Key mechanisms targeted by plant growth promoting rhizobacteria.

6.1 Plant growth promoting rhizobacteria and root-nodule symbiosis

The PGPR possessing root-nodule symbiosis has also been reported to exhibit psycrotolerant traits at 5°C [59]. These PGPRs were isolated from the root nodule of Pisum sativum L. (Pea), cultivated in the Northern Indian plains. Out of nineteen tested strains, four exhibited cold tolerance mainly by producing phytohormone IAA in the range of 62.7–198.1 μg/ml. The inoculation of edible crops growing under adverse climatic conditions with PGPR producing phytohormones showed promising results [60]. The Serratia nematodiphila PEJ1011 strain was inoculated to Capsicum annuum L. (pepper) at a low temperature of 5°C. The inoculated plants exhibited higher endogenous GA4 content grown both at normal and low temperatures. Moreover, PGPR increased abscisic acid (phytohormone) level and reduced jasmonic acid and salicylic acid (phytohormones) contents to regulate plant adaptation and growth at low temperature (Figure 3).

Figure 3.

Impact of plant growth promoting rhizobacteria on nutrient acquisition [61].

6.2 Plant growth promoting rhizobacteria and chlorophyll pigments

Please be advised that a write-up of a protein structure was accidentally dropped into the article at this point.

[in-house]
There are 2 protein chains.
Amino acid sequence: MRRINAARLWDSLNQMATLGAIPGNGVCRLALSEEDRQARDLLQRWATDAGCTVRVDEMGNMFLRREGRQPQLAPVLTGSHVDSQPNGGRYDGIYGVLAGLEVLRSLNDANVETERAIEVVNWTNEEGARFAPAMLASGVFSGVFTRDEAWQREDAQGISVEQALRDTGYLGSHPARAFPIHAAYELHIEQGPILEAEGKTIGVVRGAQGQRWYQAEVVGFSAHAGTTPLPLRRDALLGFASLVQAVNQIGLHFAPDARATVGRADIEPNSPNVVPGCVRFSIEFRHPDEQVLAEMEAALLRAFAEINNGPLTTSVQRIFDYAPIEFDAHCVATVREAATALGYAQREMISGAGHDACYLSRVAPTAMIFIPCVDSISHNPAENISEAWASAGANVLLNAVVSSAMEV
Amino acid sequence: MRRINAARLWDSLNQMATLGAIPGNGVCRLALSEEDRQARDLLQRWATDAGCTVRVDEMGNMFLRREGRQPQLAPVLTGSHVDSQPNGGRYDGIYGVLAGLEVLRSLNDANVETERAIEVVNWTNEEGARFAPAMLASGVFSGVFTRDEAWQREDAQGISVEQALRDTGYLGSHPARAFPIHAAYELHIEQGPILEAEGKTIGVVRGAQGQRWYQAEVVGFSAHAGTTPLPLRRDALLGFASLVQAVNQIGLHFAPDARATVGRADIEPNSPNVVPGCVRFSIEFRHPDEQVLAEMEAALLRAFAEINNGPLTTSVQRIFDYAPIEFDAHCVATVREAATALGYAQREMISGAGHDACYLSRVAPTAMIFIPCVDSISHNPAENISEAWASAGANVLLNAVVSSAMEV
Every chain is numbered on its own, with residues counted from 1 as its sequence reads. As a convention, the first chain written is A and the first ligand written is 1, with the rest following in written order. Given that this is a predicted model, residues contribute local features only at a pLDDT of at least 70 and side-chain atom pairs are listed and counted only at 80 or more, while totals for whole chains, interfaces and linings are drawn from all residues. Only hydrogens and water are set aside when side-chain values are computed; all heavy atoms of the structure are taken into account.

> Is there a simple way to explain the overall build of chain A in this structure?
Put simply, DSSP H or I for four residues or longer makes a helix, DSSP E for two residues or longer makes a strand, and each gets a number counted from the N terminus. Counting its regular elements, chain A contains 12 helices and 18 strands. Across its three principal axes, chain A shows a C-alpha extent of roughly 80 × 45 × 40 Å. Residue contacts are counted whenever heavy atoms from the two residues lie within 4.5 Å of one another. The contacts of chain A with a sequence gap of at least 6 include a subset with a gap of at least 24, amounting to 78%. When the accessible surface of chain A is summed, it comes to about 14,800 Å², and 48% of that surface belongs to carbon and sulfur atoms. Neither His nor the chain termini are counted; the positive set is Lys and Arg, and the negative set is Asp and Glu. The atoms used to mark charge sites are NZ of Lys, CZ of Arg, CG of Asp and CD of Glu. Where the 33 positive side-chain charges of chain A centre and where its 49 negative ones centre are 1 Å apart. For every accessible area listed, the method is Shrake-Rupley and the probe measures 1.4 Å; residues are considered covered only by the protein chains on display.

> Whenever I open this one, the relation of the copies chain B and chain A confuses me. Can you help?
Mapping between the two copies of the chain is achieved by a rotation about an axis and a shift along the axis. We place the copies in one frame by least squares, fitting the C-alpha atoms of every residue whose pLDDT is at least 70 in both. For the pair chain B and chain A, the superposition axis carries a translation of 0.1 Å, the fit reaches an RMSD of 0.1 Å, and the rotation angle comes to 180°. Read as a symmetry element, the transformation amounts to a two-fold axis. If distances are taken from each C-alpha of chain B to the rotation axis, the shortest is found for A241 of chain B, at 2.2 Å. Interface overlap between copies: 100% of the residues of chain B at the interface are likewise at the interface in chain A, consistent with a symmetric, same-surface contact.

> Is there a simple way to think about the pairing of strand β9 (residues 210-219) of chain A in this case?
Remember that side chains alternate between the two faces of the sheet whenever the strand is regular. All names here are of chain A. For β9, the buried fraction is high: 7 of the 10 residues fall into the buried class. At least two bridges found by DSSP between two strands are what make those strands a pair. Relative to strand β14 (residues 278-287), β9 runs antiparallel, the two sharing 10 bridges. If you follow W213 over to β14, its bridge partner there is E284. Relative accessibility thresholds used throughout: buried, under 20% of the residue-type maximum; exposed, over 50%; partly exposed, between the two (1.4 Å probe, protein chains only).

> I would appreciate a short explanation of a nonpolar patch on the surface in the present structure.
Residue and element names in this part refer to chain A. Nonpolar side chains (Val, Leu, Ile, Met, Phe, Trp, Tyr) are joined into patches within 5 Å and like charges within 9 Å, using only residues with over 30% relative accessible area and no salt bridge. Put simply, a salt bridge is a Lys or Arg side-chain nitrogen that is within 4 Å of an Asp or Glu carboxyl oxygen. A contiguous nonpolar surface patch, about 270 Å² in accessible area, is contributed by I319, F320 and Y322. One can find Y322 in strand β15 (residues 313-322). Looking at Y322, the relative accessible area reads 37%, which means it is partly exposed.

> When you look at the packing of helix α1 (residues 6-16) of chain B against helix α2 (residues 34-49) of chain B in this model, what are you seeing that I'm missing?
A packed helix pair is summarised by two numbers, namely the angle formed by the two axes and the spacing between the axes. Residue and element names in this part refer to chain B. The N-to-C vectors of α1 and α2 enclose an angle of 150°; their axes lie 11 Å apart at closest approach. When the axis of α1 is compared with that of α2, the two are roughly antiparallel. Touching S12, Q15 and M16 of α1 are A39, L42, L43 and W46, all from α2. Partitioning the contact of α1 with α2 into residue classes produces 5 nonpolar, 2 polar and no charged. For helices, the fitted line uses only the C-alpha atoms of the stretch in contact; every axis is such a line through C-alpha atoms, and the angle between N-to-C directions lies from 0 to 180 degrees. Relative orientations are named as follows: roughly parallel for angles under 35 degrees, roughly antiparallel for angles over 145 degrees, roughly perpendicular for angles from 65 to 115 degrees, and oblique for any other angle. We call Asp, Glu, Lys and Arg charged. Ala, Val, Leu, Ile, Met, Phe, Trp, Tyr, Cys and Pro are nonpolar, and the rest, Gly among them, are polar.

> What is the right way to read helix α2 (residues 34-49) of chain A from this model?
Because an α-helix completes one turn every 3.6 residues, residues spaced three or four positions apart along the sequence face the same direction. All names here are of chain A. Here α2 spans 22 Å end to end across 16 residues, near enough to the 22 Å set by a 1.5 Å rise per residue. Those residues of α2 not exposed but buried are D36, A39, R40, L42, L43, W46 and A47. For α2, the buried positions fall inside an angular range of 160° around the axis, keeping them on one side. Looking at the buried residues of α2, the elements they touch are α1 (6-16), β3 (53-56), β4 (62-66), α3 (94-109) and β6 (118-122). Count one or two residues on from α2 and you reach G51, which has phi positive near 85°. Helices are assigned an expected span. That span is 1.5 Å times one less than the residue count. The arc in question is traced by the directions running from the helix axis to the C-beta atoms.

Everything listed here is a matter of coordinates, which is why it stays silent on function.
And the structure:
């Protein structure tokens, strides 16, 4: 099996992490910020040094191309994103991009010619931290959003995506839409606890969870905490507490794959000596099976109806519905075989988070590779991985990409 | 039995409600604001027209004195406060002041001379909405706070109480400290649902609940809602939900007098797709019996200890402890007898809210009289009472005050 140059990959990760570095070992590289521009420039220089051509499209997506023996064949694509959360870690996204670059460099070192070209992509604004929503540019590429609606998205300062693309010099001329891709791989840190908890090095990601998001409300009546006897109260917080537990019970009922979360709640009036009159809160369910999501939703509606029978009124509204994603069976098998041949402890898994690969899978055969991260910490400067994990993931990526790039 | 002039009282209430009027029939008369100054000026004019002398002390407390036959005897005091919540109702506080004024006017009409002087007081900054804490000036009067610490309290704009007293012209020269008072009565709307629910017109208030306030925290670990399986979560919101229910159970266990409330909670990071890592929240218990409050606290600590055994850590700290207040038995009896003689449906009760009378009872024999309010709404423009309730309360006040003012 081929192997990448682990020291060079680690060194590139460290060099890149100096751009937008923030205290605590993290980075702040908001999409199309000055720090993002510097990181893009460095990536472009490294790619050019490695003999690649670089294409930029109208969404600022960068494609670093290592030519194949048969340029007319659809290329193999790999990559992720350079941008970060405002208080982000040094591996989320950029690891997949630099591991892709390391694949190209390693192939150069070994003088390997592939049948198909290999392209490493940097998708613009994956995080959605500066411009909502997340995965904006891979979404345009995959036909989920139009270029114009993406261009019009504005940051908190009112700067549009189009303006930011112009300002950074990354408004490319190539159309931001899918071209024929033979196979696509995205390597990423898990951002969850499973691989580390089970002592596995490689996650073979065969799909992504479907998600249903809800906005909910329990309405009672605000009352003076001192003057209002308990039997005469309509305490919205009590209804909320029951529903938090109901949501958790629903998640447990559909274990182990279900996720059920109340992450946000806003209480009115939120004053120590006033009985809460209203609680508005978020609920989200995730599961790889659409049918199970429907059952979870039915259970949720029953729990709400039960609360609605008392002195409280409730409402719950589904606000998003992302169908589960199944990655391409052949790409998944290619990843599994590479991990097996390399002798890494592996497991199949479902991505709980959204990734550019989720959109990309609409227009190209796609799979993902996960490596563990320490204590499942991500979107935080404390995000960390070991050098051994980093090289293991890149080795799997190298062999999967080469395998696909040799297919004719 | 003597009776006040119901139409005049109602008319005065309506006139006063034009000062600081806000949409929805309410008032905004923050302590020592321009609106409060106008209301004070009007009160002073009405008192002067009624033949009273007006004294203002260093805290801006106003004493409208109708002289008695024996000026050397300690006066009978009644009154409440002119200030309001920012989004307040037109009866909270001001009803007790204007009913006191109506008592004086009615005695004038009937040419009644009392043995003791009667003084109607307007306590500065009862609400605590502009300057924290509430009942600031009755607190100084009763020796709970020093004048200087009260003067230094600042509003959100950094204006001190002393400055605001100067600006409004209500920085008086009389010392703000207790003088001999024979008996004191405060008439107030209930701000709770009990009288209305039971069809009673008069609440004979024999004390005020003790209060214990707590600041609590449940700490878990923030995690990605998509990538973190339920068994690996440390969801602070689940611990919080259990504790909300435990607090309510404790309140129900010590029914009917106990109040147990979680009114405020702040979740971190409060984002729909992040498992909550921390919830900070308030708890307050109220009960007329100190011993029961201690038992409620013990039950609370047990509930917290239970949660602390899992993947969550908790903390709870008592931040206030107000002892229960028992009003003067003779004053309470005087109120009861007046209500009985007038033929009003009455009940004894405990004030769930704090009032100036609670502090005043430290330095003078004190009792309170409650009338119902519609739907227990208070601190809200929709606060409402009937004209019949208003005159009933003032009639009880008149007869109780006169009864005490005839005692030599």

Chloroplasts containing chlorophyll pigments for photosynthesis are the main organelles affected by the cold. Low temperature also led to stomatal closure in many cold-tolerant plants like Arabidopsin thliana. Although the stomatal closure prevents leaf dehydration, CO2 uptake is inhibited which eventually reduces photosynthesis. The inoculation of A. thliana with endophytic Burkholderia phytofirmans strain PsJN (Bp PsJN) prevented disruption of the plasma membrane at 0°C, −1°C, and − 3°C and induced cell wall strengthening in leaf cells [62]. Moreover, after night stress, the bacteria led to better photosynthetic pigment content. Similarly, Vitis vinifera L. (grapevine) cultivated in temperate and cool climates contains CBF4 gene which is a homolog to A. thliana CBF1 accumulates carbohydrates and proline on exposure to low temperature [63]. The V. vinifera plantlets were inoculated with endophytic B. phytofirmans strain PsJN at 4°C. As expected, the bacterial strain had induced cold resistance principally by enhancing gene expression of CBF (specifically CBF4) genes, along with an accumulation of anti-freeze proteins (PR proteins) and metabolite level. The bacterial strain was found to be highly effective in inhibiting hydrogen peroxide (H2O2). However, the inoculated plantlets indicated high H2O2 accumulation in the first three days of cold stress followed by H2O2 elimination after a week, further evidenced by a reduction in the level of metabolites after 1 week indicating inhibition of ROS via scavenging process carried out by endophytic PsJN strain.